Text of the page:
Icelanders of Canadian
birth, and many of those born
in their island home —¦ have
made their mark on Canada.
They have distinguished
themselves in many fields —
particularly in the academic
sphere, in medicine, and law,
in literature, and as builders,
architects, fishermen and
farmers.
The first formal teaching of
Icelandic as a course of study
in Manitoba, outside of schools
in Icelandic settlements, was
offered in old Wesley College
60 years ago. In 1950 a cam-
paign was launched among
people of Icelandic extraction
to promote a chair of Icelandic
studies at the University of
Manitoba. Its nucleus was a
$50,000 donation from a
wealthy contractor. This was
raised to $220,000 and in 1951
a chair of Icelandic studies
was established.
It is interesting to note that
the first incumbent of the
chair was Dr. Finnbogi Gud-
mundsson, whom we will wel-
come back in the presidential
party.
While Manitoba's modern
association with Icelanders
goes back 86 years, our his-
torical association might well
be almost 1,000 years old, go-
ing back to the time of Leif
Ericson.
The contribution that Ice-
landers have made to Mani-
toba and to Canada is impossi-
ble to assess. The names of
those who have distinguished
themselves in the service of
their country are legion. I
would like to mention two
who have left their marks on
the Manitoba scene. One is
the late Professor Skuli John-
son, distinguished scholar,
student, professor. We in
Manitoba, too, look upon the
famous Arctic explorer and
writer Vilhjalmur Stefanson
as one of our great native
sons.
Yes, Manitoba and Canada
owes much to its citizens of
Icelandic extraction and de-
scent.
It gives me a great pleasure
to extend in the name of the
people of Manitoba a warm
welcome to His Excellency
the President of Iceland and
Mrs. Asgeirsson and members
of their party.
I hope that this, the first
state visit to Canada of the
President of a country with
which we have such cordial
relations, will lead to still
closer ties with the republic
of Iceland, which has con-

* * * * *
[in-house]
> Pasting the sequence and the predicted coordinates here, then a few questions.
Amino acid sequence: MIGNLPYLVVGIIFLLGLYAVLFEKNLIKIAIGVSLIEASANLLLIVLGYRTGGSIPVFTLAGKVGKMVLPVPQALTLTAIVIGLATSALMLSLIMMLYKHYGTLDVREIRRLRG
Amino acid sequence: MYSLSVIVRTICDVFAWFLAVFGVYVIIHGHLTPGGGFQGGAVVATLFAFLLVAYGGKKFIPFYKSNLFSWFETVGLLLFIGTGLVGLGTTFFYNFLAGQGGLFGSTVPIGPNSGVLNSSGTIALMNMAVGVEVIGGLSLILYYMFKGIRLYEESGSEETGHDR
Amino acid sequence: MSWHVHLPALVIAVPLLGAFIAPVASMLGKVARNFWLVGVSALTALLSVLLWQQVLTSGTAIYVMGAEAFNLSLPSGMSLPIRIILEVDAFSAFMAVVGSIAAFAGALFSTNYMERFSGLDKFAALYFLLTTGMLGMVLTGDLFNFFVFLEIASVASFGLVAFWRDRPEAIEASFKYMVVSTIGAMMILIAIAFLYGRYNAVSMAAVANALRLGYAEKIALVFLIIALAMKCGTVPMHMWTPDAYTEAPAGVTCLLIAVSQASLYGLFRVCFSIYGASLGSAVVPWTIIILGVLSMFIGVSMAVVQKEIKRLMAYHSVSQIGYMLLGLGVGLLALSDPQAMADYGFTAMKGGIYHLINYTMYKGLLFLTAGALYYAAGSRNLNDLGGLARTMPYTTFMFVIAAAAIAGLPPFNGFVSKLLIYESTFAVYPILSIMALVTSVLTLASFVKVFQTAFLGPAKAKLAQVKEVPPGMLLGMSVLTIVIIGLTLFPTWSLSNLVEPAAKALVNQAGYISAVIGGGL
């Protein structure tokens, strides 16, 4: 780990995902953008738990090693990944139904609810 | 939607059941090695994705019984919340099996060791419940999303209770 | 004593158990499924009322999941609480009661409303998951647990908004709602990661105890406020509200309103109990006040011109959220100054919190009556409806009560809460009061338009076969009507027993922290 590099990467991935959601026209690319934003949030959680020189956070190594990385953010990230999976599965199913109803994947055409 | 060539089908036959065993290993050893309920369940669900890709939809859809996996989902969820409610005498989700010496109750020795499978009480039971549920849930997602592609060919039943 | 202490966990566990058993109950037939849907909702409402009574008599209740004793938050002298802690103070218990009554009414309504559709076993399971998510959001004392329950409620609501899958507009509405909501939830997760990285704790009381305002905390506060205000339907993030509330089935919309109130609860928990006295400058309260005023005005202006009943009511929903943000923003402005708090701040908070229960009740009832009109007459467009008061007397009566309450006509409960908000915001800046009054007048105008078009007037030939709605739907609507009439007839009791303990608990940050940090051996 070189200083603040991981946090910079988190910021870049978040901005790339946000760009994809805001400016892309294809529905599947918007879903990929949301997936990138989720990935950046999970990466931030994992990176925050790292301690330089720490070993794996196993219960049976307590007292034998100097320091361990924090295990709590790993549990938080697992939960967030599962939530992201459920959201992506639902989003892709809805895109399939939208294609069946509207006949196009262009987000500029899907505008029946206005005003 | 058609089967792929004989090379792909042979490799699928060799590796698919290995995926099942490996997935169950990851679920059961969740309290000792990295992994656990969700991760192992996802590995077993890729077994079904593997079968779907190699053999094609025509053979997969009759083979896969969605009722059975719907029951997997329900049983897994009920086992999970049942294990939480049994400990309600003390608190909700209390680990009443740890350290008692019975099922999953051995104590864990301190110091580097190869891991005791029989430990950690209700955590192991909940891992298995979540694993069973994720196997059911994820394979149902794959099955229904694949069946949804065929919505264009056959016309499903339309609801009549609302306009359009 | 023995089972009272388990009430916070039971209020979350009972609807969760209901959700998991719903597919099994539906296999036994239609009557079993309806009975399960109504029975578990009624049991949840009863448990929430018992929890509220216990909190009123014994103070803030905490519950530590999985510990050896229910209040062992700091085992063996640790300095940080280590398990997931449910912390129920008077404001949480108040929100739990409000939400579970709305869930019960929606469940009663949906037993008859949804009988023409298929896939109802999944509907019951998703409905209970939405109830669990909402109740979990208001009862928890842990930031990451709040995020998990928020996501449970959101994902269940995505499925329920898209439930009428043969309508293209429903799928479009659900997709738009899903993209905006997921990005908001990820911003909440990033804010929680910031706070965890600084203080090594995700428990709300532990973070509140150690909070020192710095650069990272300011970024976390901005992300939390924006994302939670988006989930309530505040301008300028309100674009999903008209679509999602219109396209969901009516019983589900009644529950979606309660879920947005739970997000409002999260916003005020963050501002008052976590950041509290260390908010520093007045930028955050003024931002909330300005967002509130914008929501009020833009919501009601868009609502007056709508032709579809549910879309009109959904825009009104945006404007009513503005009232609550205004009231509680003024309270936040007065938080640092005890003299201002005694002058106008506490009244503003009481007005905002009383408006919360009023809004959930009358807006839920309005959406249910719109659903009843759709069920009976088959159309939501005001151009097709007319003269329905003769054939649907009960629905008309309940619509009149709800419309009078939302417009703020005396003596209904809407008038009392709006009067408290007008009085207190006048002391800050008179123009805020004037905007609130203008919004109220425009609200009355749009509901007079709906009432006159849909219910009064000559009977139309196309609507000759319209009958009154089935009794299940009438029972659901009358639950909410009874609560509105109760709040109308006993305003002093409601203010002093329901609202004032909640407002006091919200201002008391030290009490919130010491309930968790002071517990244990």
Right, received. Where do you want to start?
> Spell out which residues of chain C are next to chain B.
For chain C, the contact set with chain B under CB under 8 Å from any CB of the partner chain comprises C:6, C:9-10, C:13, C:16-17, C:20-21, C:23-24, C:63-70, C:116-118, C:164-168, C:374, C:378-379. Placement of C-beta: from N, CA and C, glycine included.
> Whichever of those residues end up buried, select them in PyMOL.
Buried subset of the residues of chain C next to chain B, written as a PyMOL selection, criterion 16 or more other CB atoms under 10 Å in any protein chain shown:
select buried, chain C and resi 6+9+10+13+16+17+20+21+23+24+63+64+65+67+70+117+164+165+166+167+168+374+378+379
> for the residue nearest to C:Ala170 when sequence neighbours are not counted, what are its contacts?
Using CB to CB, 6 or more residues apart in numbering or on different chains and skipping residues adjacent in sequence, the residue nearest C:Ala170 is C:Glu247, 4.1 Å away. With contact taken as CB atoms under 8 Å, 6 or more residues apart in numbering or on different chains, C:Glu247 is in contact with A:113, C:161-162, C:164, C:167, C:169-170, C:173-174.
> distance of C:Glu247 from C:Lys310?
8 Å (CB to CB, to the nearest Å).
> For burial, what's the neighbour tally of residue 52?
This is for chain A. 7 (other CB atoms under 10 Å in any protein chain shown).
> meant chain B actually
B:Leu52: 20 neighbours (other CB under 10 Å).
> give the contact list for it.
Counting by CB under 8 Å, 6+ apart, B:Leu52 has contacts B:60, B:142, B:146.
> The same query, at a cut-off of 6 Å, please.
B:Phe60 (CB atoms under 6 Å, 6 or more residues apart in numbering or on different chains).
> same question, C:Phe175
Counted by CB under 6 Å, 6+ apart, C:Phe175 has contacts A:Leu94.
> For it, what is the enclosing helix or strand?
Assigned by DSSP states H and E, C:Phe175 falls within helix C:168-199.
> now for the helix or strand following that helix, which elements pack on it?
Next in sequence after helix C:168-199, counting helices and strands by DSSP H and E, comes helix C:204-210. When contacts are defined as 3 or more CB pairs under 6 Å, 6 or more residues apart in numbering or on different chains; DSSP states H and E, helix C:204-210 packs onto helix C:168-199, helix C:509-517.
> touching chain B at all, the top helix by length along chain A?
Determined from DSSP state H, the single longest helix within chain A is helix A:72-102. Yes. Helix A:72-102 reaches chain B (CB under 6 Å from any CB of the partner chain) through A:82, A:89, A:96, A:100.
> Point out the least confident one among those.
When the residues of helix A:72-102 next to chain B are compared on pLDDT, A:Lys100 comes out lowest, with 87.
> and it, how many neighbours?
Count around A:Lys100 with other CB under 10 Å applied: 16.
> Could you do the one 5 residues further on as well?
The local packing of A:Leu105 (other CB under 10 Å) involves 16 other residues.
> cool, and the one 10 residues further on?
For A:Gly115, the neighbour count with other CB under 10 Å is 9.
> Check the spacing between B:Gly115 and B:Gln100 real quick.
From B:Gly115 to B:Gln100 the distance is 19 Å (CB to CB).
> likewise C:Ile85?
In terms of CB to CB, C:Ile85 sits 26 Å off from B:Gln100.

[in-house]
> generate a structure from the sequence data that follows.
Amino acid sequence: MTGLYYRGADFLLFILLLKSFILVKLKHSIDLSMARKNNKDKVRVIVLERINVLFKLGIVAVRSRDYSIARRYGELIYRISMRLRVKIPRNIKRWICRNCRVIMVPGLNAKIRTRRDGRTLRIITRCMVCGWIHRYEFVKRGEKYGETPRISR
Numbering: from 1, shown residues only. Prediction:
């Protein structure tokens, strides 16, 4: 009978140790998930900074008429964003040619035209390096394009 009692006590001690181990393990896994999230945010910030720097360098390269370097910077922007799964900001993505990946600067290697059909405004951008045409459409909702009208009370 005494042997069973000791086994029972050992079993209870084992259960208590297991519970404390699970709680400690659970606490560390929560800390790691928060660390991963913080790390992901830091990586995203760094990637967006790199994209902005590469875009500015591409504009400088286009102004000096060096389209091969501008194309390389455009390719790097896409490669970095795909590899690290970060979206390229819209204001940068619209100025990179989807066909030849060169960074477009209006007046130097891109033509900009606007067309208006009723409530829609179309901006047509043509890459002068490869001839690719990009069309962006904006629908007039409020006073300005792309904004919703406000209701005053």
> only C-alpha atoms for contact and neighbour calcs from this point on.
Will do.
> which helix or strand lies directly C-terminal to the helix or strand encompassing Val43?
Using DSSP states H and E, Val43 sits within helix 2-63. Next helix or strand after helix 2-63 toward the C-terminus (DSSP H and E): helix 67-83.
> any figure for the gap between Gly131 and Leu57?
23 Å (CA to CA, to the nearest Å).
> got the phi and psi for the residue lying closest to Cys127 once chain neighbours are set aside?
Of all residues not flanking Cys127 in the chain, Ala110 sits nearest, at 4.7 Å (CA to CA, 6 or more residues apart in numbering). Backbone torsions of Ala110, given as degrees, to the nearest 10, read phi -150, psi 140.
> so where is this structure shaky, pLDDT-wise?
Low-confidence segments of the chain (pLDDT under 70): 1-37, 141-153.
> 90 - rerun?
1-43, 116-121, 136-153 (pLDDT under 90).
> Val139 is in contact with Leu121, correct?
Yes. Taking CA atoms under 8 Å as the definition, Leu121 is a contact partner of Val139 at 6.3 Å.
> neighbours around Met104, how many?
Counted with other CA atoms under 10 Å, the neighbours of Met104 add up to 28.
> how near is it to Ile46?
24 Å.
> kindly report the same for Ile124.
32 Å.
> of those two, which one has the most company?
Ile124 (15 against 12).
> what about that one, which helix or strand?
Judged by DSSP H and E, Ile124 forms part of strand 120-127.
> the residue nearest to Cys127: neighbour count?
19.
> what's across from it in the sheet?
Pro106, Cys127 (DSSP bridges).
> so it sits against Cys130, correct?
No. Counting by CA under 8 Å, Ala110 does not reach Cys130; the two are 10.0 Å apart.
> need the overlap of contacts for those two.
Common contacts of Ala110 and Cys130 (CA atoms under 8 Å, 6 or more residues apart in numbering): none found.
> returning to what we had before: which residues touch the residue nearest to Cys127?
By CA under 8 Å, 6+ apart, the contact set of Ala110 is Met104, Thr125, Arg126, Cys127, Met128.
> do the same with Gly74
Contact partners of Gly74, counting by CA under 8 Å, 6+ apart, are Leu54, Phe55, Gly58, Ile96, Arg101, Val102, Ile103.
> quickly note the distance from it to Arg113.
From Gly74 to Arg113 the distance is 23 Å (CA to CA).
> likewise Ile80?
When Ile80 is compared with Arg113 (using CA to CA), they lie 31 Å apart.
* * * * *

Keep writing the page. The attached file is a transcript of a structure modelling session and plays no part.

tributed so much, through
her citizens, to the develop-
ment of Manitoba.
DUFF ROBLIN~
Premier of Manitoba
Árnaðaróskir
Undirritaðir bjóða forseta íslands, herra Ásgeir Ásgei
son, og frú Dóru Þórhallsdóttur hjartanlega velkomin
slóðir Vestur-Islendinga og vænta þess, að dvöl þeirra
Kanada megi verða þeim sem ánægjuríkust:
Mr. og Mrs. S. V. Sigurdson
Riverton, Manitoba
Mr. og Mrs. Óli Johnson
Box 83, Eriksdale, Manitoba
Mr. og Mrs. J. Walter Johannson
Pine Falls, Manitoba
Consul og Mrs. Grettir Leo Johannson
76 Middlegate, Winnipeg, Man.
Mr. og Mrs. Kári W. Johannson
910 Palmerston Ave., Winnipeg
Dr. og Mrs. Kjartan I. Johnson
Pine Falls, Manitoba
Mrs. A. P. (Guðrún) Johannson
Ste. 9, 755 Ellice Ave., Winnipeg, Man-
Mrs. Ólafur Stephensen
94 Brock St., Winnipeg, Man.
Mr. og Mrs. Hannes J. Pétursson
89 Betty Ann Drive, Willowdale, Ont-
Mr. og Mrs. T. A. Árnason,
4325 Minnetonka Blvd.,
Minneapolis, Minn.
Rev. og Mrs. P. M. Pétursson
681 Banning St., Winnipeg, Man.
Mr. Thorleifur Hallgrimson
805 Garfield St., Winnipeg, Man.
Dr. og Mrs. Robert H. Thorlakson
103 Queenston St., Winnipeg,  Man-
Judge og Mrs. W. J. Lindal
788 Wolseley Ave., Winnipeg, Man-
Dr. og Mrs. Gestur Kristjánsson
308 Laidlaw Blvd., Winnipeg, Man-
Dr. og Mrs. D. Medd
736 Oak Street, Winnipeg, Man.
Mr. og Mrs. Erlingur K. Eggertson
256 Waterloo St., Winnipeg, Man.
Mr. og Mrs. Jóhann T. Beck
975 Ingersoll St, Winnipeg, Man.
Mr. og Mrs. Stefán E. Johnson
2740 Assiniboine Ave., Winnipeg
Mr. og Mrs. Jockum Ásgeirson
126 Lodge, Ave., Winnipeg, Man.
Mr. og Mrs. Edward Benjaminson
484 South Drive, Winnipeg, Man.
Mr. og Mrs. Karl L. Bardal
567 Waverley St., Winnipeg, Man.
Mr. og Mrs. N. O. Bardal
122 Hearne Ave., Winnipeg, Man.
Mr. og Mrs. Guðmundur M. Bjarnason
167 Sinawik Bay, Winnipeg, Man-
Mr. og Mrs. Halldór S. Bjarnason
1010 Garfield St., Winnipeg, Man.
Man-